In what marks one of the world’s largest single enterprise-level implementations, the U.S. Air Force has entered into a multi-year agreement with Microsoft that could bring the software maker more than US$500 million in revenues over a six-year period. Dell is also a winner.
Microsoft will provide core server software, maintenance and upgrade support, while Dell will supply more than 525,000 Microsoft desktop Windows and Office software licenses for the Air Force.
Part of the service’s One Air Force, One Network initiative, the agreement is intended to simplify the acquisition process while meeting demands for stringent enterprisewide cybersecurity requirements, timely distribution of software updates and enterprise configuration management.
Rob Enderle, principal analyst at the Enderle Group, told TechNewsWorld this is a big win for Microsoft in its battle against Linux.
Ever since the Institute of Internal Auditors Research Foundation (IIA) report titled “PC Management Best Practices: A Study of the Total Cost of Ownership, Risk, Security, and Audit” was released in September, Microsoft has been poised to gain the momentum that Linux was seeking in the public sector market.
“This Air Force contract validates Microsoft’s argument that when everything is taken into account, Windows is actually more secure than its open-source counterparts,” Enderle said.
“There has been a great deal of difficulty finding a Linux distribution that meets the standards that are now being culled out by the IIA,” Enderle explained.
According to the IIA, for example, any platform that does not have automated patch management is seen as non-compliant and an unacceptable risk.
While the Linux camp argues that its platform is more secure, Enderle said it does not have all the required IIA standards and multi-levels of security that helped Windows win the Air Force contract.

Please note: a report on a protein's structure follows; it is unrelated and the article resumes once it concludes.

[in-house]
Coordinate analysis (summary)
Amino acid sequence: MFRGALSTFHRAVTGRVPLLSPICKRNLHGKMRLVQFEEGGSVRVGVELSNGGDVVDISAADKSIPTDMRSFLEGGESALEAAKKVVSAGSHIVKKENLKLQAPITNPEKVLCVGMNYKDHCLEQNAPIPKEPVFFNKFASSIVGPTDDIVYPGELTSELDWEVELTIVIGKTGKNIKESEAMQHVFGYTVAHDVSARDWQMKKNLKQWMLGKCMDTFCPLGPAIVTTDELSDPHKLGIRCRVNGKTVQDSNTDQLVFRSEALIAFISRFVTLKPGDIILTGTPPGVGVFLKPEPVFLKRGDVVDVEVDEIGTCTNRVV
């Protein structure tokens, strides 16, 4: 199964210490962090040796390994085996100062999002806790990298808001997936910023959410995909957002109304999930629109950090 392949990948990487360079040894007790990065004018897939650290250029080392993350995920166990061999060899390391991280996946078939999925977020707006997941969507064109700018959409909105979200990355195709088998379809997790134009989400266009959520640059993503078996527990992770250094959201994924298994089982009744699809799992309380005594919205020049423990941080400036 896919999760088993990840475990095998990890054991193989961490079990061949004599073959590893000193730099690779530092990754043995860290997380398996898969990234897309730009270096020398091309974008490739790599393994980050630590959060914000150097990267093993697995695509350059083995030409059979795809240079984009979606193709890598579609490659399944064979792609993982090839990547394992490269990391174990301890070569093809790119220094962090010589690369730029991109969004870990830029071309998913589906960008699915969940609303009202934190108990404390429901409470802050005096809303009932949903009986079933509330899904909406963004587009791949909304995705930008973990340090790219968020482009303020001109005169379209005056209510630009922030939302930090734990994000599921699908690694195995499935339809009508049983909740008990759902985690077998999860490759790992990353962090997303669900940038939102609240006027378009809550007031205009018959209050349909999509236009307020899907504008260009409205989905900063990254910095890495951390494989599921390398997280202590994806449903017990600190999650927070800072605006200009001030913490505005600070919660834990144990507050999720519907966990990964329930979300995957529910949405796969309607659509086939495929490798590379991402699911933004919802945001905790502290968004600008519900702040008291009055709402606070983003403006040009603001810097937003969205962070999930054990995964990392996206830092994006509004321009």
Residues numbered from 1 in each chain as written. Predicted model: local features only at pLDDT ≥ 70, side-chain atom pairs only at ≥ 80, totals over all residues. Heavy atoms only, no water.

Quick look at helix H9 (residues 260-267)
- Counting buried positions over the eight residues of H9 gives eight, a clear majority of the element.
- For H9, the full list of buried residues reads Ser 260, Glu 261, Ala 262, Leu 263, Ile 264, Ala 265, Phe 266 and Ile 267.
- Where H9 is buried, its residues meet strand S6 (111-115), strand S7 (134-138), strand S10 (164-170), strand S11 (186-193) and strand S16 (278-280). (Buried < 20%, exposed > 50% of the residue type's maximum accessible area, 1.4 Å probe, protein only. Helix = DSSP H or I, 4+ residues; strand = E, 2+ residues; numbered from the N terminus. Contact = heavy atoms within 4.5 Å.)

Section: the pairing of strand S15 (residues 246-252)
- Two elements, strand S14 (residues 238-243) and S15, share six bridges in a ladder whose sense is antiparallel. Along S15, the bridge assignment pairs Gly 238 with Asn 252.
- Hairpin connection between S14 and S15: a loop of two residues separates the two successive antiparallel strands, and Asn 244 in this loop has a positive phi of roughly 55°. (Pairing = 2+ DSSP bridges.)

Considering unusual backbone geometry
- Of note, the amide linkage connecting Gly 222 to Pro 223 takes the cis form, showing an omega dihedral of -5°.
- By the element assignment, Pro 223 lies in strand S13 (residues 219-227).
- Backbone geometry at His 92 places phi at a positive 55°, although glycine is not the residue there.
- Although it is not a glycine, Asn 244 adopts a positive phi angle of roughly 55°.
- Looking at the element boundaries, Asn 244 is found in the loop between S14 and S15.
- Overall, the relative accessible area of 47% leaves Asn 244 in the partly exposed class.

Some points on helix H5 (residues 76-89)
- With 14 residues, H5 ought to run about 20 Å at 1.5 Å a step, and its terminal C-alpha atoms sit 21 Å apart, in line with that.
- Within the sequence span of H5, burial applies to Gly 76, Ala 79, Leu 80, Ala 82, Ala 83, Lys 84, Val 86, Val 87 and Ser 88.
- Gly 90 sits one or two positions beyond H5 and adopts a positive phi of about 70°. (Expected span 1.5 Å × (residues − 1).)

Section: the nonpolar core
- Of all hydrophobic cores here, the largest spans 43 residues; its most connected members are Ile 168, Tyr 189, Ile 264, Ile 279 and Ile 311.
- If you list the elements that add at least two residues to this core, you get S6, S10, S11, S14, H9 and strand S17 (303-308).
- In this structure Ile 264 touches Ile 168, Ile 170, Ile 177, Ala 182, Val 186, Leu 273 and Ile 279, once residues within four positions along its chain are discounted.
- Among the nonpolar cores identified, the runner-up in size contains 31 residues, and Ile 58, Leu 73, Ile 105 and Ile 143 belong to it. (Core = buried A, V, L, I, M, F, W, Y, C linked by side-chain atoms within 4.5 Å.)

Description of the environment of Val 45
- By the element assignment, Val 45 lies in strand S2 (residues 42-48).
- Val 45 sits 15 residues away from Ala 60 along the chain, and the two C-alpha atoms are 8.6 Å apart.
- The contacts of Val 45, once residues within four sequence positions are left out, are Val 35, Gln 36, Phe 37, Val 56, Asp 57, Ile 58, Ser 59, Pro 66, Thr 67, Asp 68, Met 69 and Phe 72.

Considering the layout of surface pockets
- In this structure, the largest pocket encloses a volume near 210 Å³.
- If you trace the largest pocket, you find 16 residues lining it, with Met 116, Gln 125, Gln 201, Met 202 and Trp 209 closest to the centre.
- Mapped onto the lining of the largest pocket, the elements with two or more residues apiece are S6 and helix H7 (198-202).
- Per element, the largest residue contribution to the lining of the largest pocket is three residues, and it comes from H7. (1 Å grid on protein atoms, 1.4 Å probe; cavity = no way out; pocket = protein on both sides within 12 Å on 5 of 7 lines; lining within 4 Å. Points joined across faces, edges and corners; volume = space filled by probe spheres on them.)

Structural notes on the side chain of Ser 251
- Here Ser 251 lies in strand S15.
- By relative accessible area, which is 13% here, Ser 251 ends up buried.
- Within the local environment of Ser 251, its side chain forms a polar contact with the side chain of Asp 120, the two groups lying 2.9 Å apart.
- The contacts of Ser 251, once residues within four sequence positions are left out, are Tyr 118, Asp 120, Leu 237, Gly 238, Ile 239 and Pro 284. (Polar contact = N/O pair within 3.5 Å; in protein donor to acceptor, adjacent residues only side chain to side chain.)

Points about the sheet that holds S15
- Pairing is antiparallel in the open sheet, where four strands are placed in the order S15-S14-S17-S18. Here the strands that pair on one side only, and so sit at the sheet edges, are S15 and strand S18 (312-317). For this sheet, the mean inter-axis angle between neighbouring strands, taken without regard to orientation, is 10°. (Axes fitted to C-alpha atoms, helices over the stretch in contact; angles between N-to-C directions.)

The services contract signed with Microsoft overhauls previously decentralized software support contracts into a single enterprise-wide support agreement for the Air Force so the software system can be managed and supported much as traditional weapons systems are.
Microsoft consultants will work across the Air Force’s nine major worldwide commands, developing an enterprise approach to facilitate an array of new initiatives with direct Air Force participation in testing software updates.
The software products initiative, through Dell, consolidates 38 software license agreements previously established by the Air Force. It will allow the Air Force to implement standard configurations of software that will be mandated for use across global Air Force operations.
Curt Kolcun, general manager for Microsoft Federal, said that by consolidating purchases of software and hardware products across its enterprise, the Air Force will be able to enhance IT operations globally through better management, policies and planning.
“It will be able to add integrated security and configuration management processes as well as baseline requirements that will have security and software feature settings specifically configured,” said Kolcun. “The partnership will help the Air Force meet its goal of standardizing software capabilities to support core Air Force operations.”
Dell Cashes In
The Air Force’s transformation initiative creates a new, increased level of cooperation, accountability and savings between the Air Force and Microsoft. It also provides the standardization that will give the service a greater ability to architect its enterprise using a more secure and consistent platform suite and eliminating inefficiencies.
Also core to this strategic agreement is a highly proactive effort by the Air Force and Microsoft to jointly work to solve security concerns across the Air Force’s global enterprise. Through this relationship, the Air Force will drive new methods of testing and upgrading software and increase overall sharing of best practices.
The move will aid in the Air Force’s effort to improve capabilities by enabling centralized testing of product upgrades and the rapid testing, distribution and installation of those upgrades on all Air Force desktopsand servers using Microsoft software worldwide.
“This agreement builds on Dell’s long-standing relationship with the Air Force,” said Troy West, vice president of Dell Federal Systems. “As an organization with facilities worldwide, it is important for the Air Force to efficiently and affordably procure technology when and where it needs it. This agreement enables it to accomplish that goal.”
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